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Acute pulmonary oedema

Lymphatic obstruction, damage of the alveolar-capillary barrier and certain imbalance of Starling forces may cause pulmonary edema. This condition happens when the fluid start leaking from the pulmonary capillaries into the lungs and alveoli.

Recognize the Symptoms

Acute pulmonary edema is medical emergency and it should be treated as such. Patients may be severely lacking the breath, feel nauseous, anxious and sweaty. Paroxysmal nocturnal dyspnea or orthopnea and some dry cough are often seen in these people. Pale skin, sweat, tachycardia and tachypnea, congested neck veins and raised JVP could also indicate pulmonary edema.

Besides these signs, patients may also experience lack of oxygen saturation, 3rd heart sound and murmurs, hypotension, oliguria and other symptoms depending on the cause of this problem.

Causes of Pulmonary Edema

Raised pulmonary capillary pressure, increased permeability or pulmonary capillaries, lymphatic obstruction and obstruction of upper airways (either acute or chronic) can lead to development of pulmonary edema. This includes medical conditions of the heart and lungs, as well as various other health issues, which all have been known to cause this problem.

When it comes to heart related problems that might provoke acute pulmonary edema, ischemic heart diseases such as myocardial infarction or acute coronary syndromes are often found to be the cause of this problem. Acute aortic or mitral regurgitation, endocarditis and severe aortic stenosis may also cause the same condition. Acute myocarditis, acute arrhythmia, aortic dissection and cardiac tamponade can also lead to pulmonary edema. Left atrial myxoma, cardiomyopathy and the use of drugs known to cause myocardial depression or fluid retention are also possible explanation for pulmonary edema.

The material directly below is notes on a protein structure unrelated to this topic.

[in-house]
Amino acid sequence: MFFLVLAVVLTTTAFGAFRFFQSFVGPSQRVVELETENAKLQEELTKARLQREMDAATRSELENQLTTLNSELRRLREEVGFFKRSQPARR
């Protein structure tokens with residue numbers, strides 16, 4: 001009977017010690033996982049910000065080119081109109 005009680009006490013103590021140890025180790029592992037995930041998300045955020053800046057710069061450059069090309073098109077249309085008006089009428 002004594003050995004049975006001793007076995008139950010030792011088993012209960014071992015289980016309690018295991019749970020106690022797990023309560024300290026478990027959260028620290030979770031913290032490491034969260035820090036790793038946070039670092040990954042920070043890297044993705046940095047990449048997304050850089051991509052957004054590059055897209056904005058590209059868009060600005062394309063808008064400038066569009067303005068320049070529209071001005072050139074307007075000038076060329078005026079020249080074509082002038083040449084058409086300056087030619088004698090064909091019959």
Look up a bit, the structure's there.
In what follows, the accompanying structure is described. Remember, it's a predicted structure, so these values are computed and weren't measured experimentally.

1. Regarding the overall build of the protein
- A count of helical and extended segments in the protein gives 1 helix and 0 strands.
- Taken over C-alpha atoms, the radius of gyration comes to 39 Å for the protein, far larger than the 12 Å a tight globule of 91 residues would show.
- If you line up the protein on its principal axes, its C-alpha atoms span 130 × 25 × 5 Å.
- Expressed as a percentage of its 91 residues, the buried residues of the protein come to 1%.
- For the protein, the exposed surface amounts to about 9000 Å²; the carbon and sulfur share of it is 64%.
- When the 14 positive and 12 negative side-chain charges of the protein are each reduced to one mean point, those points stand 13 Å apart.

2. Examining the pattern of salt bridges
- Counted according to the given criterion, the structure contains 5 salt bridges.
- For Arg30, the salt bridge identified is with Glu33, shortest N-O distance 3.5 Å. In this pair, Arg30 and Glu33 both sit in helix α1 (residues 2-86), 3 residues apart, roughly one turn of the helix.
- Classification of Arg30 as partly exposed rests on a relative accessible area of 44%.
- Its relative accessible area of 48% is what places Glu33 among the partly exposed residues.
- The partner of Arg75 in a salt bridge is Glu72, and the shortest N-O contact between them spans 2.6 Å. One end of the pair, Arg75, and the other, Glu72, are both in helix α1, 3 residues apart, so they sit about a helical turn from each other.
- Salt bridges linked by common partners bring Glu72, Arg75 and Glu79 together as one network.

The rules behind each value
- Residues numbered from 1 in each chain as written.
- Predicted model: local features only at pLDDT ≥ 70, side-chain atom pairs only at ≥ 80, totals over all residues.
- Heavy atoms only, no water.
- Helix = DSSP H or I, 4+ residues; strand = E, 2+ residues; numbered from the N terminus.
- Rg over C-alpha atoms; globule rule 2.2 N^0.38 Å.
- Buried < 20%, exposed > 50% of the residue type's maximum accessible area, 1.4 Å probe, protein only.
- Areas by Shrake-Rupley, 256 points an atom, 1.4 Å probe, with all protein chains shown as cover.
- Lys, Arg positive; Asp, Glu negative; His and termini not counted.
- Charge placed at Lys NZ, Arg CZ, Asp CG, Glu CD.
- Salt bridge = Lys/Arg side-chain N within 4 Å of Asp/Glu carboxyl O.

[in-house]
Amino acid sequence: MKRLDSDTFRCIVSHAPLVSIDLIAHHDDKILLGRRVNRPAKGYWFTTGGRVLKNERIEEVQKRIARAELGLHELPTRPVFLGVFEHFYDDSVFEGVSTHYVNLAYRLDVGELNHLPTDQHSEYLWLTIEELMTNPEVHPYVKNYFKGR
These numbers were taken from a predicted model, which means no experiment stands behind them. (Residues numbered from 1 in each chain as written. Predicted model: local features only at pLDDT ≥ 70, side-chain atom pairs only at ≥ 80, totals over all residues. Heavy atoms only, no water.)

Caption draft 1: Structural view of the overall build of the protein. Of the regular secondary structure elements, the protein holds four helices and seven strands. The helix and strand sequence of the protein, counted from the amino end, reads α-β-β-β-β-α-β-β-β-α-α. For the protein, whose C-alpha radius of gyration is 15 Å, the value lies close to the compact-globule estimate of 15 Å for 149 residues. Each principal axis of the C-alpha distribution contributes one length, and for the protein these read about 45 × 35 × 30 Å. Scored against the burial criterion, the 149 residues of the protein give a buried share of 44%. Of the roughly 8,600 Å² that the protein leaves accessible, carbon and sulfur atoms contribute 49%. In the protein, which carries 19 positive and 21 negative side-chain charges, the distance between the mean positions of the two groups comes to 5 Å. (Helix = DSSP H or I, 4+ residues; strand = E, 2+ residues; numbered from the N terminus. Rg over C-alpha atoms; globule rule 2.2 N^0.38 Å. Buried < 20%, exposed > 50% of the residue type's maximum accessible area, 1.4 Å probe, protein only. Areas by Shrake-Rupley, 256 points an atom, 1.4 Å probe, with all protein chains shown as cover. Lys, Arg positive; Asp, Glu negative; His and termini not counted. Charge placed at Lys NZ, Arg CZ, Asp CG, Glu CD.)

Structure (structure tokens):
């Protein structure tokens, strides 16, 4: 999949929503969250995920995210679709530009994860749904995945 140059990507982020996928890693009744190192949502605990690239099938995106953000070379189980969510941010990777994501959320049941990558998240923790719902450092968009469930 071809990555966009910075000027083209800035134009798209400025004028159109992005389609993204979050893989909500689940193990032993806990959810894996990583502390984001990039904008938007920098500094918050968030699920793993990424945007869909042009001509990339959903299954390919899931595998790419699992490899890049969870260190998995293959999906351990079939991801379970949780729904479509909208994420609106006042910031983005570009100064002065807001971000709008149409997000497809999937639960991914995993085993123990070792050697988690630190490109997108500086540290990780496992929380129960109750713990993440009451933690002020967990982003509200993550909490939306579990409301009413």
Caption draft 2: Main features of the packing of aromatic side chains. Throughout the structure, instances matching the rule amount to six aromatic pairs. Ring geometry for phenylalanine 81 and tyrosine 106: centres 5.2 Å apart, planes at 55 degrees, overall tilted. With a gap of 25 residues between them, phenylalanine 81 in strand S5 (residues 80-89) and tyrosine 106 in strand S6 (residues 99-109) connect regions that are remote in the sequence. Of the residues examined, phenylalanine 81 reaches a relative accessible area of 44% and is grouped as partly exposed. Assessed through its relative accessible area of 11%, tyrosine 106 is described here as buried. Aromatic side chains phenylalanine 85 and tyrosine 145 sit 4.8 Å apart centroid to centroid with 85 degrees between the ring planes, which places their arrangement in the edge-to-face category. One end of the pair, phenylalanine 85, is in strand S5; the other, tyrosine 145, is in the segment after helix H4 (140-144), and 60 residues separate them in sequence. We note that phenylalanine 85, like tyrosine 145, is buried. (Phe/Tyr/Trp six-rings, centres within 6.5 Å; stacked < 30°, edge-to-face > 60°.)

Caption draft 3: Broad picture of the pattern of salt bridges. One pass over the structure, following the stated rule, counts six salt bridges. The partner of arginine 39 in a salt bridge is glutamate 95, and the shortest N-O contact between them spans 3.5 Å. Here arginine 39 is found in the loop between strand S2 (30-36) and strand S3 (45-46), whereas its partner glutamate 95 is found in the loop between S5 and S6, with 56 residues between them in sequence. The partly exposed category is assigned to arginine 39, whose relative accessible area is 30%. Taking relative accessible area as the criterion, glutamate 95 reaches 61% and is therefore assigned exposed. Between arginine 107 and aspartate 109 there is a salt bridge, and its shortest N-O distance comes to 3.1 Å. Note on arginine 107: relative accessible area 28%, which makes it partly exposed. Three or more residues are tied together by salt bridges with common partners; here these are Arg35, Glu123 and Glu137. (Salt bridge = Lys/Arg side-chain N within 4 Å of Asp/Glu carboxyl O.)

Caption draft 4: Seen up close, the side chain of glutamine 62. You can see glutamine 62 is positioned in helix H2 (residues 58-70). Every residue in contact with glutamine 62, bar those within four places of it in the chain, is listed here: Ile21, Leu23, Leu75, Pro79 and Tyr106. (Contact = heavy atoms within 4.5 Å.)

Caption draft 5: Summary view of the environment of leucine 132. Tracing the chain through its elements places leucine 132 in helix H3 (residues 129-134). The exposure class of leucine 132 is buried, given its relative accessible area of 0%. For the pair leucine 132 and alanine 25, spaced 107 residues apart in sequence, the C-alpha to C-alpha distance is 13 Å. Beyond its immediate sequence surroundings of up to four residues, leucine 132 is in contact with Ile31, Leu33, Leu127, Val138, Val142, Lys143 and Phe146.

Renal artery stenosis and renal failure (whether acute or chronic) could also cause the same problem.

High output heart failure, seen in anemias, shunts, thyrotoxic crisis or septicemia, as well as iatrogenic fluid overload and cerebrovascular insult may lead to acute pulmonary edema as well.

People in high altitudes or those suffering from acute respiratory distress syndrome (also known as ARDS), liver failure, fat embolism or amniotic fluid embolism can also experience acute pulmonary edema. Additional explanations for this problem include: inhalation or aspiration of certain toxic substances, radiation or obstruction of the airways. In some cases, lymphatic obstruction, due to silicosis or mediastinal carcinomatosis is also associated with pulmonary edema.

Diagnosis and Management of Acute Pulmonary Edema

This condition requires urgent stabilization and investigation. Doctors may require blood tests, ECG, echocardiogram (ESC), chest X-ray, urinary catheter and some non-invasive and/or invasive monitoring of the patient.

Treatment involves improvement of oxygenation, perfusion and hemodynamics and prevention of potential further damage to the heart and the kidneys. Emergency ambulance, resuscitation, oxygen when available and hospitalization are possible options. In the hospital, patients may be sedated, given some pain killers, nitrates or furosemide.

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